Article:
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PostPosted: Sat Jul 04, 2009 1:22 am 
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Hi,

I'm wondering what the most popular form of Buddhist meditation is. I find that most people start with anapanasmriti.

Even though I practice this, for me it's in addition to Ratnatraya anusmritis or my mantras.

I'm wondering if breathing meditation alone is good, particularly for beginners who need to gain strength (the 5 Balas), any views/experiences? :meditate:


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PostPosted: Sat Jul 04, 2009 11:52 am 
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I don't know much about the long names, but I favor the breath. It is intimate and inescapable and without it all the long names would disappear in a nanosecond. Since what is sought is intimate and inescapable, the breath is a good point of focus. There is no way to lie about or be wise about the breath.

Counting exhalations from one to ten and then beginning again is good in the beginning. It offers a good framework. Once some grounding arises, perhaps the counting drifts away.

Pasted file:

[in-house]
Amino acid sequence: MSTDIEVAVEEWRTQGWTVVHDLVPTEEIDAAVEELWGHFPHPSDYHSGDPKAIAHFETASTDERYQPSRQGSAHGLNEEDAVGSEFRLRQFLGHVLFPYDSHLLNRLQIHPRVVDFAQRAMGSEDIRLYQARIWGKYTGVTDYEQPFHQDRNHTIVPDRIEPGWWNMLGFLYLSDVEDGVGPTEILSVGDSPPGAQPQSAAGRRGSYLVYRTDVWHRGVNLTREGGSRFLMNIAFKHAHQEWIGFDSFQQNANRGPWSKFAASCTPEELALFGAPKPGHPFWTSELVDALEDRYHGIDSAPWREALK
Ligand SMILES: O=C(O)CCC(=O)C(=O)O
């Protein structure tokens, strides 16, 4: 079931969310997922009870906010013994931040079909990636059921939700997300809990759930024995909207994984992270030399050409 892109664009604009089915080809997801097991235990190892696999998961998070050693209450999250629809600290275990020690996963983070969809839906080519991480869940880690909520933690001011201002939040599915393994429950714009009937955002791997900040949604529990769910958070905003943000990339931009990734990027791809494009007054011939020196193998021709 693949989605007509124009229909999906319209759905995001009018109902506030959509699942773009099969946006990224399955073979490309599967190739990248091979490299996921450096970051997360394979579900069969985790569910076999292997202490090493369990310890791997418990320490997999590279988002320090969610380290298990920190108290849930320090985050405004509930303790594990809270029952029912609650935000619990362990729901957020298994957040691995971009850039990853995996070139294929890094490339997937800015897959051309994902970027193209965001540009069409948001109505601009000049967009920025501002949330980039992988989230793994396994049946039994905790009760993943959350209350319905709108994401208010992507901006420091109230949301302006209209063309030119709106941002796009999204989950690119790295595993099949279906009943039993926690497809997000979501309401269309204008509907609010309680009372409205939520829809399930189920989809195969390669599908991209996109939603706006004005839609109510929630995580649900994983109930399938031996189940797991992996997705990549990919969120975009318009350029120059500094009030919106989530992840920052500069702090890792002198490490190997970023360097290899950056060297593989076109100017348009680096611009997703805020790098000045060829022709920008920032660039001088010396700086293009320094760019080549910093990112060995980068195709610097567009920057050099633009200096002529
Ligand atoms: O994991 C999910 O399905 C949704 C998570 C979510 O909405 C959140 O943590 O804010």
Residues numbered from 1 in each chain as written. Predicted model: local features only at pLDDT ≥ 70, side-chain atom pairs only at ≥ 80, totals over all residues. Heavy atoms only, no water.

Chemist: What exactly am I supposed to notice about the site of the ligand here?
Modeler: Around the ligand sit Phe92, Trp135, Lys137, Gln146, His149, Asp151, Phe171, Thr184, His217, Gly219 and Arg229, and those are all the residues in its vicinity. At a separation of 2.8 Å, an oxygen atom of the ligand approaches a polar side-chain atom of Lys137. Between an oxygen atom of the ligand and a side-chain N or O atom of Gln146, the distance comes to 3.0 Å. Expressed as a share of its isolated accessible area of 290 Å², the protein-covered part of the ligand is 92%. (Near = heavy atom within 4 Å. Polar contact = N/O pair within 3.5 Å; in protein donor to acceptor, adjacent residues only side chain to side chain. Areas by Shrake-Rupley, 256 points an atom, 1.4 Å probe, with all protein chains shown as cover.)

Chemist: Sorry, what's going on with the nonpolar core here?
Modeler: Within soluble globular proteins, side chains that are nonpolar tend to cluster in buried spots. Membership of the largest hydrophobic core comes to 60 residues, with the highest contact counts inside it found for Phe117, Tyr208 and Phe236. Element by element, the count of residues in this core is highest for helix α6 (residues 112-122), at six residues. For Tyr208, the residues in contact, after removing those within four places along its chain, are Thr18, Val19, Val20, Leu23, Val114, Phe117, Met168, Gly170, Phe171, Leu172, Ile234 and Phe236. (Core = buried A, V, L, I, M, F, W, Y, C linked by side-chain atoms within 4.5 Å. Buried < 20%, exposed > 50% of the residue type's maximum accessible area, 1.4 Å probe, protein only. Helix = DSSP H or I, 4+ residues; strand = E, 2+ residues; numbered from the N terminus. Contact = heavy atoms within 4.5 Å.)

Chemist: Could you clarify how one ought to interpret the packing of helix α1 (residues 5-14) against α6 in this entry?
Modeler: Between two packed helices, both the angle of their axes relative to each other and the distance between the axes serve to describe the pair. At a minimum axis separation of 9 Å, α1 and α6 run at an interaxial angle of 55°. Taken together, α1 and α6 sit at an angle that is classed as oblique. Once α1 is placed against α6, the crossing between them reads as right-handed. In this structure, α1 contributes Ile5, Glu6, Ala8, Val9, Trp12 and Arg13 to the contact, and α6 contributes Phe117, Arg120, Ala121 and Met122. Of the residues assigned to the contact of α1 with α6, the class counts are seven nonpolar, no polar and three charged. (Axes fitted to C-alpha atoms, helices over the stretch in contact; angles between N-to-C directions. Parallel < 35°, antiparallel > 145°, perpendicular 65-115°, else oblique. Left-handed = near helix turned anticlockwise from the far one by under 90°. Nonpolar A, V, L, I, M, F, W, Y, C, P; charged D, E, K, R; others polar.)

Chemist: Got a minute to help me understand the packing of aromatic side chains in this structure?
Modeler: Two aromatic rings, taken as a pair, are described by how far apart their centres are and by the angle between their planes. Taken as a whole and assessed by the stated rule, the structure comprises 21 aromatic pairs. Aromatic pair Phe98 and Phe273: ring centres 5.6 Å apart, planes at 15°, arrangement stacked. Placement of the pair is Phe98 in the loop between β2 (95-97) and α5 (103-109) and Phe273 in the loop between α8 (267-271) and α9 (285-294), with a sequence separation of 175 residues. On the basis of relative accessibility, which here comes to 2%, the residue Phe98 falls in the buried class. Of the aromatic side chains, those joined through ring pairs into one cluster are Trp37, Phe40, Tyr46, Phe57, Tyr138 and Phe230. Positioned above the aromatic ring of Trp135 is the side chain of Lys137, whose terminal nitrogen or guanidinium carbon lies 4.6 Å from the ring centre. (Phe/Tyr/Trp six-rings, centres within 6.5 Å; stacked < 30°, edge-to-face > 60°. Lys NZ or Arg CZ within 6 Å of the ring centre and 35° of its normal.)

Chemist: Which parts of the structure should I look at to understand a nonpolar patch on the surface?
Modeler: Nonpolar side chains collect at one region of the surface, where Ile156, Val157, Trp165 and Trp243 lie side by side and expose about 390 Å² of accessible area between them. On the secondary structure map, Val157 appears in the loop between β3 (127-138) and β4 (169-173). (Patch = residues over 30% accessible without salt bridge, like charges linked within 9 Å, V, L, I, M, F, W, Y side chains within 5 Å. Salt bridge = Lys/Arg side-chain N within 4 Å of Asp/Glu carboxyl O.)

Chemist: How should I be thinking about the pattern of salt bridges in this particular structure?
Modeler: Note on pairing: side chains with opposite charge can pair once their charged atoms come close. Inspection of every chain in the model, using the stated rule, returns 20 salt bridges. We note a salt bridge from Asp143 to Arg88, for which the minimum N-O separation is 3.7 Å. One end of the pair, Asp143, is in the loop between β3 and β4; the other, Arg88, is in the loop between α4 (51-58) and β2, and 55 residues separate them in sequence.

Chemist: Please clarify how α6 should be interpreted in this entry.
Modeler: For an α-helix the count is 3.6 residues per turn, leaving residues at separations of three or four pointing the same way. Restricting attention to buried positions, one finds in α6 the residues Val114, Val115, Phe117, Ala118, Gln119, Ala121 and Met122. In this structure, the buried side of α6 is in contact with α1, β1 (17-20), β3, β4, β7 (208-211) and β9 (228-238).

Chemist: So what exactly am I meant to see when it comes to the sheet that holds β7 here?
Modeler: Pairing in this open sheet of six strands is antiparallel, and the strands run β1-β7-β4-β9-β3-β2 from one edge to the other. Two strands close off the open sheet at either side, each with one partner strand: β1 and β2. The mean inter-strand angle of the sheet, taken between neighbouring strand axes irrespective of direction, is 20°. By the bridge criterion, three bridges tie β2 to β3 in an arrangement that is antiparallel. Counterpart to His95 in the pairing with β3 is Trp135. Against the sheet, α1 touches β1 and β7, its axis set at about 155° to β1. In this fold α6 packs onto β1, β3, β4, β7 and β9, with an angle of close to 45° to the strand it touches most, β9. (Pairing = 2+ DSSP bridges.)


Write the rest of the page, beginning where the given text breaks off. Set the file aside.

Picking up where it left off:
I am not trying to make an exclusive case. Anything can, with attention, take someone home. But breath is a no-frills approach ... which may be one reason that other practices are useful: We all like our frills, I imagine.

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PostPosted: Sat Jul 04, 2009 12:14 pm 
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The Buddha said it will take one all the way to nibbana and that it was this practice that he engaged in while under the Bodhi Tree, however i feel it does need to be complimented with other meditations such as loving-kindness, compassion etc etc